Opinion: The Morality of This Year’s World Cup


Picture by The New Yorker.

You may have heard of the controversy surrounding this year’s host country of the FIFA World Cup – the Middle Eastern country of Qatar. Many claim that their concern stems mostly from the country’s policies on civil and human rights and their reported abuse of migrant workers, and frankly, I share these apprehensions. 

For a bit of background, I wanted to share some context as to how Qatar was selected as this year’s host country in the first place. Countries are chosen to host the World Cup through a vote by the FIFA Congress, and Qatar was actually voted to be the 2022 host 12 years ago in 2010. Interestingly, the country was chosen over bids by the United States, South Korea, Japan and Australia, with Qatar eventually receiving 14 votes to the United States’ eight. This led to suspicion of bribes to award Qatar host country, which go along with years of accusations and investigations into possible corruption in international soccer. And while the president of FIFA Sepp Blatter was initially in support of the chosen 2022 host country, he has since expressed regret over the decision, especially after witnessing the billions of dollars Qatar invested in construction of a stadium for the event and the claims of mistreatment of the workers who made such construction possible. Blatter’s concerns echo the rising outcries and worries surrounding the abilities of the small country to host such a large and costly event. Yet the games have begun. 

The Cup started Nov. 20 and will continue until Dec. 18, eventually culminating in a total of 64 matches that will crown the winner of the 2022 World Cup. As previously mentioned, Qatar did not have existing infrastructure suitable to be a host country of the World Cup, and ended up investing big-time to get themselves there (they built seven new stadiums, many new hotels, and improved their transportation systems in preparation).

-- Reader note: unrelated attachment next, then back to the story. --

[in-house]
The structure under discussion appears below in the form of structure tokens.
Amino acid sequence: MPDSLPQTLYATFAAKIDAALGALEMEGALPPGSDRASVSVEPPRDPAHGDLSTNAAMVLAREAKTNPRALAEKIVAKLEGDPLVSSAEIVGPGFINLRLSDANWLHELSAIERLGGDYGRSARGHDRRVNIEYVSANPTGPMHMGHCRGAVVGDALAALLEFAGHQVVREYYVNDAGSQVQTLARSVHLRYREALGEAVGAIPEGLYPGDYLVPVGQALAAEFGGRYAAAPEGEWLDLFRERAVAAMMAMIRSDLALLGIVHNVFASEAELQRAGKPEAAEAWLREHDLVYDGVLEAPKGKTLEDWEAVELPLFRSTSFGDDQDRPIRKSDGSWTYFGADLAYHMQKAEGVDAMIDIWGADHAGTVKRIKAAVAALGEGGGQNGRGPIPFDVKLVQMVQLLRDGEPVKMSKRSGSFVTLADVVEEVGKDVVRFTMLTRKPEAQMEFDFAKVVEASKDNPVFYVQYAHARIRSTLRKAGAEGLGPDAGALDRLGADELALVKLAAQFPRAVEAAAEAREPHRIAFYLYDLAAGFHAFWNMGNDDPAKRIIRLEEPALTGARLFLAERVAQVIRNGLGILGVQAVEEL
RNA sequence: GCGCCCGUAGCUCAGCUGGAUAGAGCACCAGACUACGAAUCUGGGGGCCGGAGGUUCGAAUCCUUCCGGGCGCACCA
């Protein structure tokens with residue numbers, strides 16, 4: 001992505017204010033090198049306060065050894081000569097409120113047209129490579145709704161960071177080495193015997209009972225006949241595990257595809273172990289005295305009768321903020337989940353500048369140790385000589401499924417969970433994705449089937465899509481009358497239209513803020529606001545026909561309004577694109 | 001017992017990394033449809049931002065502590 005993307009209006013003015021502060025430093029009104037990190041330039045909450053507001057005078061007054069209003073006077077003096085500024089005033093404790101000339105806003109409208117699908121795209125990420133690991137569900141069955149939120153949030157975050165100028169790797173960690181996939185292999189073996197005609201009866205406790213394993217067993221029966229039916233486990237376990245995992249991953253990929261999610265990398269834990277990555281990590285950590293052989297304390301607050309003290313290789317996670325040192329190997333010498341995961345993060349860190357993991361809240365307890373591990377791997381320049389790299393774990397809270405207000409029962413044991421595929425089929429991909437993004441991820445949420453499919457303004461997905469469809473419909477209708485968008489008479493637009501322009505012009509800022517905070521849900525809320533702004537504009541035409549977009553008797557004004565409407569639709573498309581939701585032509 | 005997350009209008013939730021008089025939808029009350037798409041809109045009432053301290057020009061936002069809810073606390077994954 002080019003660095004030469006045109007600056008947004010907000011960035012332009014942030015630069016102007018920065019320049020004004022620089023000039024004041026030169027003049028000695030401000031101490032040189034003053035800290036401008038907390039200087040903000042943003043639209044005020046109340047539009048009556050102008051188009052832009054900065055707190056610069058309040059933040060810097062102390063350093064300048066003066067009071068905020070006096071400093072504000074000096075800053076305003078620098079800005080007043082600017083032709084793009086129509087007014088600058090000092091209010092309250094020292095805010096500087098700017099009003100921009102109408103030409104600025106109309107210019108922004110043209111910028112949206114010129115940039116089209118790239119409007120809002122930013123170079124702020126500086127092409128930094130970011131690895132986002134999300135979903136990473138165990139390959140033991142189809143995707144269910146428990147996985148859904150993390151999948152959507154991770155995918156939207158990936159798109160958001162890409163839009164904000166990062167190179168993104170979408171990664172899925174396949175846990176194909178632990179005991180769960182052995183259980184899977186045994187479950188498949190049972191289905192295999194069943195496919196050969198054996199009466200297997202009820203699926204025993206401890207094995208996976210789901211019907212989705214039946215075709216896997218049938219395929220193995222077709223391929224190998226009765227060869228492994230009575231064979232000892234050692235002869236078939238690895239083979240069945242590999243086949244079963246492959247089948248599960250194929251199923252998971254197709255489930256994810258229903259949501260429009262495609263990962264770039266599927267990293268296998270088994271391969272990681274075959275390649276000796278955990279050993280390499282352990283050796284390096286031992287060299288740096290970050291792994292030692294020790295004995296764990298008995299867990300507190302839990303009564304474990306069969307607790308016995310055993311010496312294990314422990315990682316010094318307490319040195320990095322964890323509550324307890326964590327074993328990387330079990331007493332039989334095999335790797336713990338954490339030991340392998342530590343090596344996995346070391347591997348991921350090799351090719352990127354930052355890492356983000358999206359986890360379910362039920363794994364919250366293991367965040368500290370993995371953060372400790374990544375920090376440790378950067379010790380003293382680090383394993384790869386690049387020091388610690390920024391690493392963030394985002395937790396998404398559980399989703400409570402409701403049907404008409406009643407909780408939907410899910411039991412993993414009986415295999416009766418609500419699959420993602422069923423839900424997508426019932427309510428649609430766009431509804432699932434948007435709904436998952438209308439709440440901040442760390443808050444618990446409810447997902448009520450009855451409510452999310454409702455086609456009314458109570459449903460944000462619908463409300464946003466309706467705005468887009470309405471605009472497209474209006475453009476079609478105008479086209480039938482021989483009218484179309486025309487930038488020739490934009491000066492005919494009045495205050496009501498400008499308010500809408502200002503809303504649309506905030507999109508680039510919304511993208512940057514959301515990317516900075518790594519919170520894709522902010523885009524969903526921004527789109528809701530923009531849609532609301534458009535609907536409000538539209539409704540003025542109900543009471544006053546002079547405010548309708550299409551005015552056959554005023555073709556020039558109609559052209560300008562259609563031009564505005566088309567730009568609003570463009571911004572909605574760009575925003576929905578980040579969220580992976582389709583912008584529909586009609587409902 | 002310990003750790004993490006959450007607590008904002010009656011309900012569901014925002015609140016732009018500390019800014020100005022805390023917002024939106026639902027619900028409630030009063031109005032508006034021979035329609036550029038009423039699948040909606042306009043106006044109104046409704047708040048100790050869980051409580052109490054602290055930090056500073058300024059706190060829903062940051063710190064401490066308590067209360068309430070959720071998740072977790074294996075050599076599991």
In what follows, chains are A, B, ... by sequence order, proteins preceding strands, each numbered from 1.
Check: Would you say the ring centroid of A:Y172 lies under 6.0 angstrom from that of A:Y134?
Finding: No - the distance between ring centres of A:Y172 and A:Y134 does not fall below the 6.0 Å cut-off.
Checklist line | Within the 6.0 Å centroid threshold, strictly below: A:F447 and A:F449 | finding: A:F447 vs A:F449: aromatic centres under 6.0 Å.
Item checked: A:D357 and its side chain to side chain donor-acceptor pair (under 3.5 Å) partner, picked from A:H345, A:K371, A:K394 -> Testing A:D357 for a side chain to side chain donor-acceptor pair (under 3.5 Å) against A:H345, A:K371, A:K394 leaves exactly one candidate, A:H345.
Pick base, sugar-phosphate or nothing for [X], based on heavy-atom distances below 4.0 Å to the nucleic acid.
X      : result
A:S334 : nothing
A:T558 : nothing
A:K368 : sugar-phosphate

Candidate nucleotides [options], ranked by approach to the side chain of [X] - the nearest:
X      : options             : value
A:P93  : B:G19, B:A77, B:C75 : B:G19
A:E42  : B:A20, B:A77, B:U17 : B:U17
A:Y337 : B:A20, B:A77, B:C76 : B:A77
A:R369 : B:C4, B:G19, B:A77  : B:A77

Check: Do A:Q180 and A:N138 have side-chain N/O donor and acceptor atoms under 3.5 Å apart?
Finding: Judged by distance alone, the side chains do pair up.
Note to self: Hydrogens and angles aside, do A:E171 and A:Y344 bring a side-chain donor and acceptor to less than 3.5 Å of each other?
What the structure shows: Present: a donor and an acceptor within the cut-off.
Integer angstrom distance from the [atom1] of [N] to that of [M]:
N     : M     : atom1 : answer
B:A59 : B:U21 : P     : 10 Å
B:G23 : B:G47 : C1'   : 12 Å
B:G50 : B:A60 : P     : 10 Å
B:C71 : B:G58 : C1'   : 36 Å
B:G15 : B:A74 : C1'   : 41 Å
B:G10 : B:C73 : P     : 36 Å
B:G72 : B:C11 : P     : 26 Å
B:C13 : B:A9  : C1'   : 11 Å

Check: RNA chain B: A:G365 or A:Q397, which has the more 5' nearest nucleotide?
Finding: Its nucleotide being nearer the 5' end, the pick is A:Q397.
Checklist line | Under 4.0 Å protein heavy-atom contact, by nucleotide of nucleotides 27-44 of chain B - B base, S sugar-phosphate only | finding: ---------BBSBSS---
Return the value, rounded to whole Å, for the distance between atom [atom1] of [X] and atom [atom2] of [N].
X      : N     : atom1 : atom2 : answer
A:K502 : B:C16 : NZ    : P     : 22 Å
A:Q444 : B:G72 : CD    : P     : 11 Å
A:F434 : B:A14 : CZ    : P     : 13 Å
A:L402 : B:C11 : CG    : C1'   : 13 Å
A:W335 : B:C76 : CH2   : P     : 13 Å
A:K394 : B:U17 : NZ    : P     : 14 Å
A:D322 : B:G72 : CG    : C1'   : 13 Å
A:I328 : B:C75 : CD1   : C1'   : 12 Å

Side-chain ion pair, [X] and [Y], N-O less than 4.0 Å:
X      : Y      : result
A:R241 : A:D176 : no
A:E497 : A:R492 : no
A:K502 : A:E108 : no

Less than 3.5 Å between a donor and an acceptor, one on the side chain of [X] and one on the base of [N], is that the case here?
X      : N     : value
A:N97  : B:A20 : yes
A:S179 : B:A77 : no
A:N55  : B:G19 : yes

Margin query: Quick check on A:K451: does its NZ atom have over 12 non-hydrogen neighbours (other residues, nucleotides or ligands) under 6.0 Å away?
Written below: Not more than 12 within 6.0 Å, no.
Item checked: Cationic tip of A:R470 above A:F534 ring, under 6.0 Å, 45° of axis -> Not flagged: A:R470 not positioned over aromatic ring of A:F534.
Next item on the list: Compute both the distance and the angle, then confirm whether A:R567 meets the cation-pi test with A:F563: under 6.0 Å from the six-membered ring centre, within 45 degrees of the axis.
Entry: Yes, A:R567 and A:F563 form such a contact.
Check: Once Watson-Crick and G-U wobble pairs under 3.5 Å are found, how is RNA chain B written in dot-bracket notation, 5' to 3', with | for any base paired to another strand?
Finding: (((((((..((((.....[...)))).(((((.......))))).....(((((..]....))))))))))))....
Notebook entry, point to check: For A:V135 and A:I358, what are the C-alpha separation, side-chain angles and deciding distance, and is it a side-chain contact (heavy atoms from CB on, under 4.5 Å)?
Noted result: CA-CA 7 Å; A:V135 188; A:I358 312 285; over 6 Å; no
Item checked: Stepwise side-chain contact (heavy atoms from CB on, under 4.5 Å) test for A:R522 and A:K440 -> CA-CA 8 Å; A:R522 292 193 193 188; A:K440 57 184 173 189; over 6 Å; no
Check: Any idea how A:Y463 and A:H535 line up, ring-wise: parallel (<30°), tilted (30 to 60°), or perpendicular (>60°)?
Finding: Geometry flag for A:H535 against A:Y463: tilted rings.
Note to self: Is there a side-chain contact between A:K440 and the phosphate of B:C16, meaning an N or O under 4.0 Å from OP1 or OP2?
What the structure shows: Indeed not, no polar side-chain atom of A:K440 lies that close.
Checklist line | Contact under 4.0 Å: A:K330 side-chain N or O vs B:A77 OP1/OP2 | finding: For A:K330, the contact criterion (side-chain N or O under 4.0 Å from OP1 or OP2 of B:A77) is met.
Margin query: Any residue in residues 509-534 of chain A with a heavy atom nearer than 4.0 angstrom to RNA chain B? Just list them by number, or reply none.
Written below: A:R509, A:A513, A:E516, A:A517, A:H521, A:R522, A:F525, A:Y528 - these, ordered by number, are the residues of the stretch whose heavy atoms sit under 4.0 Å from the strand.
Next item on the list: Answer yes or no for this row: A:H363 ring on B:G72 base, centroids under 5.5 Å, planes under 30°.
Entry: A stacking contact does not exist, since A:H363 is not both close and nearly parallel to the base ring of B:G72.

But at what moral expense? 

90% of Qatar’s workforce is made up of migrant workers, yet since World Cup preparations have begun in the country, reports of wages being withheld, poor working conditions, forced work in 100+ degree heat, and high worker death tolls. While Qatar has rejected such claims, even going as far as to claim that working conditions have improved because of the World Cup construction, some migrant families have spoken out about their experiences with family members killed during the work for the World Cup, and there is little doubt that violations of labor rights have occurred in the country during this time. 

I won’t claim to know much about the legality of the choice to appoint Qatar as host country for the 2022 World Cup, but from my own moral standpoint, the decision seems ill-informed and destructive to the country’s economy, citizens, and reputation. Qatar reportedly spent $200 billion to prepare to host the World Cup. That is more than its entire GDP in 2021 (which was $179.6 billion). Spending that much money not only could cause huge long-term financial problems for the country, but it also uses up funds that could otherwise be allocated to the welfare of the population, or the improvement of already existing infrastructure (where it should be going!), making Qatar’s economic investments in hosting the World Cup inexcusable. Additionally, as we have seen, the building of the infrastructure for the events has been problematic (to say the least), and with the result being anywhere from hundreds to thousands of migrant worker deaths, there can be no excuse for the sacrifices of the country’s people to the Cup either. And lastly, the horrible results of the construction has led to controversy and upset surrounding the country. The size of Qatar (a population of just 3 million and a mere 4,468 mi2 area) suggests that it would be in the country’s best interests to keep as many global allies as possible, yet the damage done to their reputation the past few months may make this much harder to do. 

And, as if all that wasn’t enough, Qatar was the first team to be eliminated from the World Cup – a real cherry on top.